A major battle is shaping up on Capitol Hill over efforts to weaken an increasingly visible law that allows corporations to be sued for triple damages in fraud cases.
The target is RICO, the Racketeer Influenced and Corrupt Organizations Act. The law is frequently used in criminal prosecutions against organized crime, but it can also be applied in civil suits against private companies, a potent weapon that recently passed muster with the Supreme Court.
Major corporations -- led by those in insurance, banking, securities and accounting -- are lobbying Congress to make triple damage suits nearly impossible. Under the law, the suits must show a "pattern of racketeering" by proving that two separate acts of fraud have been committed during a 10-year period.
The Justice Department has expressed "serious reservations" about a bill sponsored by Rep. Frederick C. Boucher (D-Va.) that would require that a company be convicted of criminal charges before a civil RICO suit can be filed against it.
Deputy Assistant Attorney General John Keeney recently told a House subcommittee that such amendments would "virtually eliminate" private RICO suits. He also said the federal government has used the law to file civil suits against a Kansas bank and a Florida defense contractor accused of fraud.
Russell Mokhiber, head of a group called Citizens Coalition to Support and Defend RICO, called the statute "a strong anti-corporate crime law that works . . . . The reason that people are using RICO more is because there is more corporate crime and fraud in America today."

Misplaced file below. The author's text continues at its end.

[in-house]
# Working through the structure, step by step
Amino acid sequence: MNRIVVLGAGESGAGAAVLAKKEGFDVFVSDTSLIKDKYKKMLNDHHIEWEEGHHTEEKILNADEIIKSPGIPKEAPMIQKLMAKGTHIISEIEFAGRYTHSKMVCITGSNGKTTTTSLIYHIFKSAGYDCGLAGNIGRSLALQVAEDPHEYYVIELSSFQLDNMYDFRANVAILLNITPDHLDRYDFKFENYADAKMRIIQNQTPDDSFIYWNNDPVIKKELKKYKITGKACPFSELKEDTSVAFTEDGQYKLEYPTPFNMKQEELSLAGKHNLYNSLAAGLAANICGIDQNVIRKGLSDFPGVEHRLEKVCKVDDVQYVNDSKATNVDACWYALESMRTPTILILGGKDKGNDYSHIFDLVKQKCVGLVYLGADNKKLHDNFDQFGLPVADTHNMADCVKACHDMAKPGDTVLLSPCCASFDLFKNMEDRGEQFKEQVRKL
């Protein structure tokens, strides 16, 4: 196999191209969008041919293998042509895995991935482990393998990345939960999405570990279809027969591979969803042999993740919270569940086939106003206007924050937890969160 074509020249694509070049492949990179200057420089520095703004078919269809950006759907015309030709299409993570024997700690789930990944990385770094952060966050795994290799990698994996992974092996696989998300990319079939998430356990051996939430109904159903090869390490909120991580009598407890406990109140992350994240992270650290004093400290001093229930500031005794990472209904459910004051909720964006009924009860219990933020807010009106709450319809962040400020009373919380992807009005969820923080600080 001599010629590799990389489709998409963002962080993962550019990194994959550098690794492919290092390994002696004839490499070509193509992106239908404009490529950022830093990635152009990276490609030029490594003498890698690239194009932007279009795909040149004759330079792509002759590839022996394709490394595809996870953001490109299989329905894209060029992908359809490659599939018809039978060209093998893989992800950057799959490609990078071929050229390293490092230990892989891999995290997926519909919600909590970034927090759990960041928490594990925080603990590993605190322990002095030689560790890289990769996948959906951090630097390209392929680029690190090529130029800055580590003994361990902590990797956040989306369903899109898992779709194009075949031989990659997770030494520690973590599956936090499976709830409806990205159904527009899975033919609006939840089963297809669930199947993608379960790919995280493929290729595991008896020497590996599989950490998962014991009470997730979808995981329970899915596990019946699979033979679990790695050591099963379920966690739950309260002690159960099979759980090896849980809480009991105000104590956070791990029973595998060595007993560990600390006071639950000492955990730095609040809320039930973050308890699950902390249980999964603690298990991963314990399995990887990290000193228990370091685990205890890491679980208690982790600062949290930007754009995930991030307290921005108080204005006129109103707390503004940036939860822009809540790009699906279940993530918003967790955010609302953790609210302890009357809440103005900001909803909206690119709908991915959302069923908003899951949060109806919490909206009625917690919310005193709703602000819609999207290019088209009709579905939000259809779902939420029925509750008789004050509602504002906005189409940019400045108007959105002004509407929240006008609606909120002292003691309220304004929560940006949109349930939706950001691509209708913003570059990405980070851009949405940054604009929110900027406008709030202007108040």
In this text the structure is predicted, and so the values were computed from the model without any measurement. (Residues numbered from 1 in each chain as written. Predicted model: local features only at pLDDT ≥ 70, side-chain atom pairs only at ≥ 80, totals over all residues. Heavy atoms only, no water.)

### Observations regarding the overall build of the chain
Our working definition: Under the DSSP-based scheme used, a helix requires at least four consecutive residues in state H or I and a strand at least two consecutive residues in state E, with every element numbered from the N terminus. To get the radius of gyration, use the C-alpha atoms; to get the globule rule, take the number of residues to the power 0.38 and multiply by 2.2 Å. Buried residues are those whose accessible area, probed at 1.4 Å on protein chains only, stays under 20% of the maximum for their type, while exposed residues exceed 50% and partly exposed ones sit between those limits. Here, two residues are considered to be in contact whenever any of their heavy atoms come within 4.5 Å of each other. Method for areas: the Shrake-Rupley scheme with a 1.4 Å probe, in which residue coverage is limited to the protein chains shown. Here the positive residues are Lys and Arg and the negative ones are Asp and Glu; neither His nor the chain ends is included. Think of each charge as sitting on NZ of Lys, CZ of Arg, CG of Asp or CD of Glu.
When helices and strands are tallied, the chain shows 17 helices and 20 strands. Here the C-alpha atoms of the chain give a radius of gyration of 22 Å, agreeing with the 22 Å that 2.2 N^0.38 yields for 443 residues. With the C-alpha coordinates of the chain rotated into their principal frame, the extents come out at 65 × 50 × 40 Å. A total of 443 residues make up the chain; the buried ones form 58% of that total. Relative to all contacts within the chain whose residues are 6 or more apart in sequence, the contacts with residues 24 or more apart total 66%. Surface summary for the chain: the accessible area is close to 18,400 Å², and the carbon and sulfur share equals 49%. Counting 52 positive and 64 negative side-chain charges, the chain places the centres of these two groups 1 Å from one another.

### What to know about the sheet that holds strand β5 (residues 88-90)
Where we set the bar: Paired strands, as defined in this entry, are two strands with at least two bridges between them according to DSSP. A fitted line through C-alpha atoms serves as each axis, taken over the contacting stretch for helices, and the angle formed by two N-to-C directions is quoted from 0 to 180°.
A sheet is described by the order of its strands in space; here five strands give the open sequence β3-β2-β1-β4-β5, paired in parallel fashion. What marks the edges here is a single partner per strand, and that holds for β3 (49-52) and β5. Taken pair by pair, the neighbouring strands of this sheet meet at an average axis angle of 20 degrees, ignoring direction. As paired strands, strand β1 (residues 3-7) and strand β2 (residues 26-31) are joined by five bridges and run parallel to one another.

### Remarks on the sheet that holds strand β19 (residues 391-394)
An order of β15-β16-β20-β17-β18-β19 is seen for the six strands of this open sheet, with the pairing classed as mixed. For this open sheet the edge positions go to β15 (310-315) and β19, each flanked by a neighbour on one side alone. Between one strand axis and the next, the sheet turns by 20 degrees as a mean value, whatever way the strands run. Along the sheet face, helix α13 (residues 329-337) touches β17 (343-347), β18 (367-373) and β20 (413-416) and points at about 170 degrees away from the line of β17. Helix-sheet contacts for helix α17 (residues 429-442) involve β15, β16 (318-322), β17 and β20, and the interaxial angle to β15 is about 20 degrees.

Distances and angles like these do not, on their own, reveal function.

Another measure, being pushed by Sen. Orrin G. Hatch (R-Utah), would bar RICO suits that rely exclusively on mail fraud, wire fraud or securities fraud -- three of the most frequent causes of action. An aide to Hatch said the statute has "been stretched out of its original context" and been used in everything from divorce cases to a dispute within a synagogue. He also complained that "the label of racketeer . . . can be damaging to a business' reputation."
A spokesman for Boucher said the congressman has received complaints from numerous firms that have been sued under RICO, including a coal company in his home district. He said the current law "is being used to harass a lot of legitimate businesses."
COMPUTER CONFLICT . . . Another Virginia lawmaker, Republican Sen. Paul S. Trible Jr., has run into the Justice Department's opposition with his bill to outlaw the use of personal computers to promote child pornography.
Trible contends that electronic bulletin boards are being used increasingly to obtain obscene materials or advertise for sexual exploitation of children. His measure would make it a crime to use computers to transmit obscene material across state lines or advertise minors for sex.
Justice Department attorney Lawrence Lippe told a Senate subcommittee that the administration supports the specific provisions dealing with child pornography. But he said that banning the mere transmission of descriptive information about juveniles "would raise serious constitutional problems." Trible's bill would outlaw computer messages aimed at "encouraging," "offering" or "soliciting" sexual contact with a minor.
Barry Lynn of the American Civil Liberties Union said the measure is so broad that it would "criminalize teen-ager computer dating services. I've heard sometimes teen-agers who go out on dates do have sex." Lynn accused Trible of "grandstanding" on the issue and said the senator and his allies "want to stop consenting adults from talking about sex in ways they think is improper."
A spokesman for Trible said the senator is "trying to iron these things out" in discussions with Justice officials. He said few statistics are available but the FBI believes that computer pornography is a widespread problem.